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HOME : Chinese Art : Warring States Period : Warring States/ Western Han Bronze Sculpture of a Mythological Beast
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Warring States/ Western Han Bronze Sculpture of a Mythological Beast - FZ.347
Origin: China
Circa: 3 rd Century BC to 2 nd Century BC
Dimensions: 5.5" (14.0cm) high
Catalogue: V22
Collection: Chinese
Medium: Bronze

Location: UAE
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Whereas before, war was characterized as a civilized contest between aristocratic armies, during the Warring States Period (475-221 B.C.), war evolved into the chaotic conflict we know it as today. Kings and princes were replaced on the battlefield by infantries lead by military generals. Peasants were recruited to serve on the front lines. Warfare intensified, especially in terms of the duration of campaigns. New arms and armor were invented, including the halberd and crossbow. Chariots rode alongside archers outfitted in iron helmets and body armor. Defensive walls were erected in order to repel invaders. However, despite the turmoil of the times, the arts continued to thrive. Bronze casting was revolutionized by the introduction of the lost-wax technique, while the alterations of kiln structures enabled new firing techniques that resulted in fully developed glazes.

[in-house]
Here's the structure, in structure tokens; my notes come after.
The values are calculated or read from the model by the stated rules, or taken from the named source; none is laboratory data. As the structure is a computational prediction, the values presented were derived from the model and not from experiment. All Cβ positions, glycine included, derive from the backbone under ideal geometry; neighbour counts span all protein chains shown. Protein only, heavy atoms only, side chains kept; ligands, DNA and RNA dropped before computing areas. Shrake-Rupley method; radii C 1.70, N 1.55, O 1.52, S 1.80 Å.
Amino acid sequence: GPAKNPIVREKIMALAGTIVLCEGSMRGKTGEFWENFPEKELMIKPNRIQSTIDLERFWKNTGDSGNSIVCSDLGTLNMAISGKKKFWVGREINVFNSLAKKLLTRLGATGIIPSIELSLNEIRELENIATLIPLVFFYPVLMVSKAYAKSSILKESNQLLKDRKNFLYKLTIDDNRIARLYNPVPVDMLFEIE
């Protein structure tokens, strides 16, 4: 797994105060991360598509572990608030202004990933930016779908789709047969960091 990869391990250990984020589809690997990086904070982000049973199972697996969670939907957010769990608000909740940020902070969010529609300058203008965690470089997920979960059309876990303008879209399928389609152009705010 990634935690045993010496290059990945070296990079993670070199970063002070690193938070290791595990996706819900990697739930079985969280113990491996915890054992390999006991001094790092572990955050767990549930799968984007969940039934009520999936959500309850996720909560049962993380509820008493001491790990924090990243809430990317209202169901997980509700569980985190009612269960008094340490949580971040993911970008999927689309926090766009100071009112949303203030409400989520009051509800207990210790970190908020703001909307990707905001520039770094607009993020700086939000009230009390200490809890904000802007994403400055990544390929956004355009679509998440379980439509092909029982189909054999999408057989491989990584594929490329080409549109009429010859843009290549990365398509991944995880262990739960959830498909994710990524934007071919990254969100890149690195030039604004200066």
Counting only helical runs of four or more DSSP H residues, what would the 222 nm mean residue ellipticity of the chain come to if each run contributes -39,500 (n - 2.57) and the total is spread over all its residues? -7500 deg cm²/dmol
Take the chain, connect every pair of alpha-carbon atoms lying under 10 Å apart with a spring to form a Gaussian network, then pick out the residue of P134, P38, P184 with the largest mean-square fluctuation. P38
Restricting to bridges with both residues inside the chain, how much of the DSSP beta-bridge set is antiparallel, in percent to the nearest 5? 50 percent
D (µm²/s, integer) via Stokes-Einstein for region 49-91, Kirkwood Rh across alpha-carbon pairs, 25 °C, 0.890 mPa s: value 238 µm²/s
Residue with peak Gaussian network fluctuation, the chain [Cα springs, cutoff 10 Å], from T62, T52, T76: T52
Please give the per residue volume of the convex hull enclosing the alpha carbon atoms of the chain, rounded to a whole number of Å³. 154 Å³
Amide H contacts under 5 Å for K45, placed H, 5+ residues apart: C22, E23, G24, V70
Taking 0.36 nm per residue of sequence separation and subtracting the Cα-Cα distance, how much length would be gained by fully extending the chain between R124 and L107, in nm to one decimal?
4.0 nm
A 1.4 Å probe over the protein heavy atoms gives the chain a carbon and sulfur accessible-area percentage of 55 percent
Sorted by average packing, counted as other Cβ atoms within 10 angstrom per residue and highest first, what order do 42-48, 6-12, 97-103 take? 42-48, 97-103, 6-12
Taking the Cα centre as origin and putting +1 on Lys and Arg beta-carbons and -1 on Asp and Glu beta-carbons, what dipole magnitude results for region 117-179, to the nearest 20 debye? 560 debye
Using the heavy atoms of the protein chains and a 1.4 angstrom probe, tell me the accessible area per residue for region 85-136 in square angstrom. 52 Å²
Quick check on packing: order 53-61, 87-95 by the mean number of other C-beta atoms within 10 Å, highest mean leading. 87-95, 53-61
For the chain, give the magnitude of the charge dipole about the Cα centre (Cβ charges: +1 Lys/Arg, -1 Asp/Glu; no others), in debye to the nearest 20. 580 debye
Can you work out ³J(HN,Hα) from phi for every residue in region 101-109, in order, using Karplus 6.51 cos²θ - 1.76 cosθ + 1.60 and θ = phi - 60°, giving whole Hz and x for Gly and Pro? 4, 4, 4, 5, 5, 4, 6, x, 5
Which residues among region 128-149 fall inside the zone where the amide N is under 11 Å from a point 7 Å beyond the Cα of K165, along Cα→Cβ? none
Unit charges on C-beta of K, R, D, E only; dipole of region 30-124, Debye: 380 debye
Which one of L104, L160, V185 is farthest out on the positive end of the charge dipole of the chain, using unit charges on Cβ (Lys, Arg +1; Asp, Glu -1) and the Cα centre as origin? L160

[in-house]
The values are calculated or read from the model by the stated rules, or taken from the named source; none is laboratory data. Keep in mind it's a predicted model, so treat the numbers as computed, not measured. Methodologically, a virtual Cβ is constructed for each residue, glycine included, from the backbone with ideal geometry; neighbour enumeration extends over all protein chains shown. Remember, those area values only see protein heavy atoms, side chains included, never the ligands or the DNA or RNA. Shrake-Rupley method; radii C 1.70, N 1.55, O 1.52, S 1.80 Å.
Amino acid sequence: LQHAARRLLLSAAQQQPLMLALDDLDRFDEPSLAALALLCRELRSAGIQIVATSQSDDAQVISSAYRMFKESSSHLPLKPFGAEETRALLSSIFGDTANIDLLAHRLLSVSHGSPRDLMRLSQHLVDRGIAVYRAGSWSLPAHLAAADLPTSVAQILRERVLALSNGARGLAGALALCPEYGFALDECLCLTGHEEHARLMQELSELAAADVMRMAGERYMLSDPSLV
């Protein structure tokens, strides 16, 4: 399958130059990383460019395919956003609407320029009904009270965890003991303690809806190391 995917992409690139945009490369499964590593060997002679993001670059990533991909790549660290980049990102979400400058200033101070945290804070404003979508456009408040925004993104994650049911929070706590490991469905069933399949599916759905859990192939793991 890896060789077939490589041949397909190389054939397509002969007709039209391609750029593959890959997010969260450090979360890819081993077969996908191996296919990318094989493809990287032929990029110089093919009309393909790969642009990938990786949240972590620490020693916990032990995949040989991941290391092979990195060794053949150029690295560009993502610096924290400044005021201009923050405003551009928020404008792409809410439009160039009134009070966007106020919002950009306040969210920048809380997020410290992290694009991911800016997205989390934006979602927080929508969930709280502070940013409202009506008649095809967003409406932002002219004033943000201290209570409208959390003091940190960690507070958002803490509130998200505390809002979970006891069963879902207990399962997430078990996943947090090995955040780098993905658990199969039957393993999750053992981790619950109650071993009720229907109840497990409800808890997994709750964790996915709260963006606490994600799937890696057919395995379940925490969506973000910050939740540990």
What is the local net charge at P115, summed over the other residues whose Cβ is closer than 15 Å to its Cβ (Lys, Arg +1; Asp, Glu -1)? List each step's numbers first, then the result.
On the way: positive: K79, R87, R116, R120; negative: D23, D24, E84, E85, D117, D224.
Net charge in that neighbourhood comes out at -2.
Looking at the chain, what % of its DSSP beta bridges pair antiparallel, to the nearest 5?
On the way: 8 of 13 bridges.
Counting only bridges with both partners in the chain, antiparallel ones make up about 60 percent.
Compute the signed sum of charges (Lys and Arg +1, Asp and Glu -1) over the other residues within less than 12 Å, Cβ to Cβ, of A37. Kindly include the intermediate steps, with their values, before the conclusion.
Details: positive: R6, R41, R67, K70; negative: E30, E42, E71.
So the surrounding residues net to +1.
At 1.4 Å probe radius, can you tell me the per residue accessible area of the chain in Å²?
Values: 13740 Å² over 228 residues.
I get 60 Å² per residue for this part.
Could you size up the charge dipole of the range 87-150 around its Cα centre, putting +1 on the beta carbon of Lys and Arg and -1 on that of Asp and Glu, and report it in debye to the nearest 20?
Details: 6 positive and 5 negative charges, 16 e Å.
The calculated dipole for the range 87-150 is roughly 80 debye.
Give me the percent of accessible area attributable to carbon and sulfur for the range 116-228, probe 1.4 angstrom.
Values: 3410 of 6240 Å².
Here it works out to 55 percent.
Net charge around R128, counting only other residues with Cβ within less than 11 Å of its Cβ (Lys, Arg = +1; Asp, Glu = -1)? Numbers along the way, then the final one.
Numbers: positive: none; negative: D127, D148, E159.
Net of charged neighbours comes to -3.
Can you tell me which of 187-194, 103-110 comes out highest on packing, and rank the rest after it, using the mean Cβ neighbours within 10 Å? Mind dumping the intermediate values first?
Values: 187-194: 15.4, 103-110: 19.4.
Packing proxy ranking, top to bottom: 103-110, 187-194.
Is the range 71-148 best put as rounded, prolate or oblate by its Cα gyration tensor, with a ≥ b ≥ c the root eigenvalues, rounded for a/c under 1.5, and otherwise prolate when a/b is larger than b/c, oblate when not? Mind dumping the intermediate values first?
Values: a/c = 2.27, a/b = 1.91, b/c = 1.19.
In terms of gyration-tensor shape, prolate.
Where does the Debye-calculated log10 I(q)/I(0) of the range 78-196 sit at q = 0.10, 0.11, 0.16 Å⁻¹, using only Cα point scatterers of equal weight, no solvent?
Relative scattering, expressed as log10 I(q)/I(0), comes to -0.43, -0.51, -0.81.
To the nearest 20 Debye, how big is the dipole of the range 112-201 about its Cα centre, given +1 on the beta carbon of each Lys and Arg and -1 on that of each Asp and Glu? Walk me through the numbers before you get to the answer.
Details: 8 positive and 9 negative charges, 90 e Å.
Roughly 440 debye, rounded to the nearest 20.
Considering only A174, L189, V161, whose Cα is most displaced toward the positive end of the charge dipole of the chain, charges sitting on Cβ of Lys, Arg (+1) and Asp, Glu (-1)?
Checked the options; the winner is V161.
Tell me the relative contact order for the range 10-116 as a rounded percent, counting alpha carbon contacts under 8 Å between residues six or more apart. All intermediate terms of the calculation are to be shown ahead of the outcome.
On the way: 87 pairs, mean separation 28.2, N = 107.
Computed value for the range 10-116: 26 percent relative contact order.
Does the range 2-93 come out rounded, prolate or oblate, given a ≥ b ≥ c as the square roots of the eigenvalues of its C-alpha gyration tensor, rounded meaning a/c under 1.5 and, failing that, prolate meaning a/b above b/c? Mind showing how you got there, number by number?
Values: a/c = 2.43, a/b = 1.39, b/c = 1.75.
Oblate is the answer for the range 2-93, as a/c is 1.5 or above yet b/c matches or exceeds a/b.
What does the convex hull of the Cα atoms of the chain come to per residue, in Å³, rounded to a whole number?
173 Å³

This anthropomorphic representation of a guardian beast conveys the embodiment of prowess and valor during the internecine war period of early China.  As it lunges backward on its hind legs to amass strength, the animal roars ferociously intimidating us with its raised paw as if it were to tear an enemy into shreds with one swoop of its mighty foreleg. The chest is muscular and wide, its forelegs winged, and paws clawed revealing its awesome composition of the best attributes of the four classes of beasts.  Lips curled back, it flashes its long fangs and flares its nostrils.  Detailed eyebrows accentuate its bulging eyes that are said to have extraordinary vision to "see evil."  The snout is flat and horns are tapered to its forehead. These fabulous creatures of West Asian inspiration often stood guard at royal mausoleums, performing an evil-averting function. They were also thought to serve as righteous guardians of justice and order. - (FZ.347)


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